The Target Dating Game
By Gary Silverman, CFP®
Here’s what’s been happening in this column: 1) I’m telling you how to do your own investing; 2) I’m having you put most of your money in a Target-Date fund; and 3) You now know that while Target-Date funds do get less risky as the date gets closer, they do not get to a point of no risk.
Why no risk? Because most of these funds were designed to take you through retirement, not stop when you get there. As such, while income is one part of the investment mix, growth is still needed. Your retirement will hopefully last two to three decades. Living tends to get more expensive in those later years. If you had a portfolio that didn’t grow, your purchasing power would shrink and so, too, would your standard of living.
So, the Target-Date fund is there to provide growth, across time, in your portfolio. It will have a good-sized holding of stocks and other growth-oriented securities inside of it. Its value will bounce around. This volatility is a problem if you’re at the point of living off of your investments. If a year like 1987, 2000, or a 2008 happens when you are retired and drawing from this fund, you would be forced to draw money out when the fund is down. This violates my buy low sell high philosophy. (More on that next week.)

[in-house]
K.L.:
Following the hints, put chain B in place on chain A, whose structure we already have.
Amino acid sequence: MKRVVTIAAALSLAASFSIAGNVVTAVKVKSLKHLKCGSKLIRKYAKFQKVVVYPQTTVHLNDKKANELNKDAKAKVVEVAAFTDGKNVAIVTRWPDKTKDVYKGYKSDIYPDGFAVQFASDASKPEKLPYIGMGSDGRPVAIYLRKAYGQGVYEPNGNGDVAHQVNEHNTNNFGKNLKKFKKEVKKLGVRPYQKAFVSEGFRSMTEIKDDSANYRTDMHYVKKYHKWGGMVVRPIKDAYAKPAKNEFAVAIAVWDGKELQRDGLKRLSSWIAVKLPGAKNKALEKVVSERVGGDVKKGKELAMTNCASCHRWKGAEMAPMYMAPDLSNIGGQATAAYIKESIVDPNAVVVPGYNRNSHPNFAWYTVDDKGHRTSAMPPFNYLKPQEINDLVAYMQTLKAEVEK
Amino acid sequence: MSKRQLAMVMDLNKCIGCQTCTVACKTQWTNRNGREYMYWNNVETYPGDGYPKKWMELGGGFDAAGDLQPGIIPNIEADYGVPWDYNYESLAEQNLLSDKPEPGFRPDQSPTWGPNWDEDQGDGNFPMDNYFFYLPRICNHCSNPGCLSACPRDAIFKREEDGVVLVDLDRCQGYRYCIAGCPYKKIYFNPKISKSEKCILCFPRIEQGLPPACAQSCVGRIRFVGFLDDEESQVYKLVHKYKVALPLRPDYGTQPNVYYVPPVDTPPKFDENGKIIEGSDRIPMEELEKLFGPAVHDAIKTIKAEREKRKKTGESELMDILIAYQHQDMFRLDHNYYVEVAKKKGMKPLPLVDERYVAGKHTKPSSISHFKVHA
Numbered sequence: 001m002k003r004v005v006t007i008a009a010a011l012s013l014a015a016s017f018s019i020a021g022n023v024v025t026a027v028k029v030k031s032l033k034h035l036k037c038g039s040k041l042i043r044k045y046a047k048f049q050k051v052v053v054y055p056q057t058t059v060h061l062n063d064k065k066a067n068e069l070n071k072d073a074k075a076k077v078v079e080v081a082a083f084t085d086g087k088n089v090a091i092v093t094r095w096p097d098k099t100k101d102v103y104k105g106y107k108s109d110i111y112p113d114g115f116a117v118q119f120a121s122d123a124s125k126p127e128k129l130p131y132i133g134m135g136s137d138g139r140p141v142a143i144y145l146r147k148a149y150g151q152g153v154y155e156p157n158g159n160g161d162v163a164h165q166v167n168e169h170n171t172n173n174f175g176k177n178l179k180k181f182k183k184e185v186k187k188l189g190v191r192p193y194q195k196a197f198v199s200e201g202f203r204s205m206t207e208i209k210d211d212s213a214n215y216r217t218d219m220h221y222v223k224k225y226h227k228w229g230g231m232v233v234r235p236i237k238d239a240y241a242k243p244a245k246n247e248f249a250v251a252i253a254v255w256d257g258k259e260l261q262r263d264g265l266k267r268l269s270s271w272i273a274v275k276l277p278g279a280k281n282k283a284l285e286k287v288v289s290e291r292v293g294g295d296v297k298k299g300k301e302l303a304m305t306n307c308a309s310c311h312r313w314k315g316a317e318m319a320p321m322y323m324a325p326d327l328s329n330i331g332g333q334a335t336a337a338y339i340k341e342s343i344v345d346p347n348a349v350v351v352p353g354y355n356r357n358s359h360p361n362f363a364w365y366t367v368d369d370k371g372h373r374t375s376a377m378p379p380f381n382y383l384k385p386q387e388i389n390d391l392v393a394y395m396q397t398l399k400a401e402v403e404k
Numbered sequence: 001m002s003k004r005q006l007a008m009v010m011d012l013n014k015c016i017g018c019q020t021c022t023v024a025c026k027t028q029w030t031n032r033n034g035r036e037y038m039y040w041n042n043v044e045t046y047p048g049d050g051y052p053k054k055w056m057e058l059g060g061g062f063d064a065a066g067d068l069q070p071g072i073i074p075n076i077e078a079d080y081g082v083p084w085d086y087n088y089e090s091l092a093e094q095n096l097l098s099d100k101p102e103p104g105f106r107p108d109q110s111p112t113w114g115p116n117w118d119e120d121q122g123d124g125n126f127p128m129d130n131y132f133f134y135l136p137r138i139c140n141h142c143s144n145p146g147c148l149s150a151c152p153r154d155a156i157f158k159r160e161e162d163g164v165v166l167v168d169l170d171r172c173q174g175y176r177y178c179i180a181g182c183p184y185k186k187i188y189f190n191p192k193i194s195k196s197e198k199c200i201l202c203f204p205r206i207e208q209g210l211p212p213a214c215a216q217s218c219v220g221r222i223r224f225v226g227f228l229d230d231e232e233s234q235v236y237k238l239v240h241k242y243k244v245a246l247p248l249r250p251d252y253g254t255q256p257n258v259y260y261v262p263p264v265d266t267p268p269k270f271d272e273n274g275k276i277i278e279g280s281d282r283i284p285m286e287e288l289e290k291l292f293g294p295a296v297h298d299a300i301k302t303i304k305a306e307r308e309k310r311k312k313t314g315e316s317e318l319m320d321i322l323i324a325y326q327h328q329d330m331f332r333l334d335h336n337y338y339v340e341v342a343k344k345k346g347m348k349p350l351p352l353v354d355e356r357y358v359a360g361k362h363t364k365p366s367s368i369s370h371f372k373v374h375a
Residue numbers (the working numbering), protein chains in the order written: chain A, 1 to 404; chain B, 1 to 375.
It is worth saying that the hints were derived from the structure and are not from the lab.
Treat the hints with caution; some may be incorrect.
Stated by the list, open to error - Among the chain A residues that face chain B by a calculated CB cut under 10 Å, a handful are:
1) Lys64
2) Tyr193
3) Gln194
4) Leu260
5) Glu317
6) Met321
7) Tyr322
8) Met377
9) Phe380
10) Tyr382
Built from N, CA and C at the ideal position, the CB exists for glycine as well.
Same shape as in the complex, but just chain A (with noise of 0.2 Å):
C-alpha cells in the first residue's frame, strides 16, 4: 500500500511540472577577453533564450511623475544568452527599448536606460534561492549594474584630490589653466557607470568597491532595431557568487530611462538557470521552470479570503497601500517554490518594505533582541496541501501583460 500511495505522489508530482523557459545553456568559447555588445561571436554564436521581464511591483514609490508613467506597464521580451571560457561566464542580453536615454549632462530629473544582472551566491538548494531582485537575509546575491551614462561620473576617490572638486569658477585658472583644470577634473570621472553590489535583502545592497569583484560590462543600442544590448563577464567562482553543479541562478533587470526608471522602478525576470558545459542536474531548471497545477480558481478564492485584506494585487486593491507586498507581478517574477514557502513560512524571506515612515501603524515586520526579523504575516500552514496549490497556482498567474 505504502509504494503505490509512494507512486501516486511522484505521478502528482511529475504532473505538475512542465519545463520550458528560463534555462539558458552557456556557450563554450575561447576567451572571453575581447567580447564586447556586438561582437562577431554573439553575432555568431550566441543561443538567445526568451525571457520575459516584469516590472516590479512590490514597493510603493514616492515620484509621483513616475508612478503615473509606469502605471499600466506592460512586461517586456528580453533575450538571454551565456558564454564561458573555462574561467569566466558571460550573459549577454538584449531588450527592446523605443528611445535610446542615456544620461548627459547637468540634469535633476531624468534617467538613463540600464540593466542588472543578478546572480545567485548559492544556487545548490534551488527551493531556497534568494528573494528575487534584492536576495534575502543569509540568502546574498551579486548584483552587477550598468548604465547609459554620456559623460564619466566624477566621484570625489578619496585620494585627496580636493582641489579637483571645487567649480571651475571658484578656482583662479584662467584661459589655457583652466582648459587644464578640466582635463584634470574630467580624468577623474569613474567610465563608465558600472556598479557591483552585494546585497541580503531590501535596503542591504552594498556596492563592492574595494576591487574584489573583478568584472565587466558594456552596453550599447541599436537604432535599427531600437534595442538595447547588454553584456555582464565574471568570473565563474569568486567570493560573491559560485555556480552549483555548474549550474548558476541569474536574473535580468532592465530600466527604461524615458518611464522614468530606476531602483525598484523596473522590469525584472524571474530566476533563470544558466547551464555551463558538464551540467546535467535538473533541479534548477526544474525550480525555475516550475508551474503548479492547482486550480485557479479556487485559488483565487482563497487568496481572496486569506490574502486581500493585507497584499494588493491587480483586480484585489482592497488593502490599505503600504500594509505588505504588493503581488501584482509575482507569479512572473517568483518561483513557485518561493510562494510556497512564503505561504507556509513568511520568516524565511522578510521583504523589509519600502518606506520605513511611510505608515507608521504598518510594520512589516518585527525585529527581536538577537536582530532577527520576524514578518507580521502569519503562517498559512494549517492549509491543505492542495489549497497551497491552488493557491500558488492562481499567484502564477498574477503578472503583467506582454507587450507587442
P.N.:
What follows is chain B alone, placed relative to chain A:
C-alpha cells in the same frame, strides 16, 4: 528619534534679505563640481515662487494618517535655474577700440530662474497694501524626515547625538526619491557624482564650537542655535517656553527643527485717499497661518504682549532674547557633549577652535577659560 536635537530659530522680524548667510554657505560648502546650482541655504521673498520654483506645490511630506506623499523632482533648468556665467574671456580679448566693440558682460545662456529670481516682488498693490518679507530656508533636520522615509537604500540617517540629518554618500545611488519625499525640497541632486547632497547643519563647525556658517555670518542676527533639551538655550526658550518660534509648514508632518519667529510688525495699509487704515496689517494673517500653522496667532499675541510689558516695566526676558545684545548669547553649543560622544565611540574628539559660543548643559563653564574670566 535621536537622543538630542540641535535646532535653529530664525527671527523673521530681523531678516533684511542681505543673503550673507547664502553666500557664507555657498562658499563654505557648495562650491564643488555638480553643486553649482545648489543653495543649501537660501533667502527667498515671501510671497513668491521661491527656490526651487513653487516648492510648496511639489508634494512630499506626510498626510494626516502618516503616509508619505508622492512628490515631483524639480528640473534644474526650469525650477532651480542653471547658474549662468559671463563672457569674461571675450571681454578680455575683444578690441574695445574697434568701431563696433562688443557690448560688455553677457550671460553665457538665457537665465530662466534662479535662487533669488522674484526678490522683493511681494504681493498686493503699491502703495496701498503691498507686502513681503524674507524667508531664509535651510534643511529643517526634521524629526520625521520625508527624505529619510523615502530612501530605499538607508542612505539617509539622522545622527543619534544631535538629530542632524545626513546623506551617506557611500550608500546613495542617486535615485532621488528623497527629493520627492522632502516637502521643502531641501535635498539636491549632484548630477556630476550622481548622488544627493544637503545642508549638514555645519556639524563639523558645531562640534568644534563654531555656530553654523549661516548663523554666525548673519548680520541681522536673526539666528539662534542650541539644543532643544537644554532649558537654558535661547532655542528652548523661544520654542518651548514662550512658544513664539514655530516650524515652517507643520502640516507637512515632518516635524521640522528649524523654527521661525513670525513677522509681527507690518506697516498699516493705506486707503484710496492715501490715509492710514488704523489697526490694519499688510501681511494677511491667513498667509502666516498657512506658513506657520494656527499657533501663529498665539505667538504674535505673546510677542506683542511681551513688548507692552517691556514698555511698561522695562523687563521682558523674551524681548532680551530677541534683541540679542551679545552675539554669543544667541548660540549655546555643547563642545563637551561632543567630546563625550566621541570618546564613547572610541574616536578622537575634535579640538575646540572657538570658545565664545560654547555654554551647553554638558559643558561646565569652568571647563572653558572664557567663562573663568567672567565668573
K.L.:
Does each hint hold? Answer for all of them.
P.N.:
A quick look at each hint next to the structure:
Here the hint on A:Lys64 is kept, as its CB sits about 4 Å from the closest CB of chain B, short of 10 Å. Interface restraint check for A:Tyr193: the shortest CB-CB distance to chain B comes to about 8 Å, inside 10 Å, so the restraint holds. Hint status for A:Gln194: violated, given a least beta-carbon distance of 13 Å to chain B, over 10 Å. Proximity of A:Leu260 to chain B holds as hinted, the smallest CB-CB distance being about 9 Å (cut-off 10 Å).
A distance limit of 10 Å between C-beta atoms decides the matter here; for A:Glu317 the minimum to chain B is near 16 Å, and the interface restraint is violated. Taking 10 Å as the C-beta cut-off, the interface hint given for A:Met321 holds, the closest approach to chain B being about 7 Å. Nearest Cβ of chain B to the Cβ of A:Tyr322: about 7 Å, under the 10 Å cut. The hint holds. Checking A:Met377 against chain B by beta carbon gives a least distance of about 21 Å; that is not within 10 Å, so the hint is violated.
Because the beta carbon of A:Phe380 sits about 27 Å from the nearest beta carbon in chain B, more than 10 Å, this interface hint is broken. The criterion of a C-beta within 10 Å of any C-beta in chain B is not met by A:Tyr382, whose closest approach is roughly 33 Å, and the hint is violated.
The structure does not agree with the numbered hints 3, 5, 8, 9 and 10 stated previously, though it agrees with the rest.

Another problem with Target-Date funds (heck, a problem with all mutual funds) is that these are one-size-fits all investments. They are not customized for you. The investment committee running them builds the asset allocation mix inside them to fit what they think is the best mix for people retiring on that date. They don’t know you; they don’t know your circumstances; they don’t know your risk profile.
When I am building a portfolio for my clients, I will add bonds in order to lower the volatility. You can still do this (to a point) and use the Target-Date Fund by choosing a different date.
You can then go on the web site of the mutual fund company you want to use and see what the equity exposure is for the various Target-Date funds. There’s nothing to force you to pick a 2030 fund if you are retiring in 2030. So, if you find that the 2030 fund has more stocks in it than your risk tolerance can handle, look at the 2025 or 2020 fund and see if that matches better. Likewise go to a later date if the 2030 fund is too boring for you, that is, if you can handle more exposure to stocks.
But don’t start swapping back and forth depending on what you think the markets are going to do, or if you’re just sure they are going up, or sure they are going down. Select for your overall risk tolerance, not as a way to time the market.
Gary Silverman, CFP® is the founder of Personal Money Planning, LLC, a Wichita Falls retirement planning and investment management firm and author of Real World Investing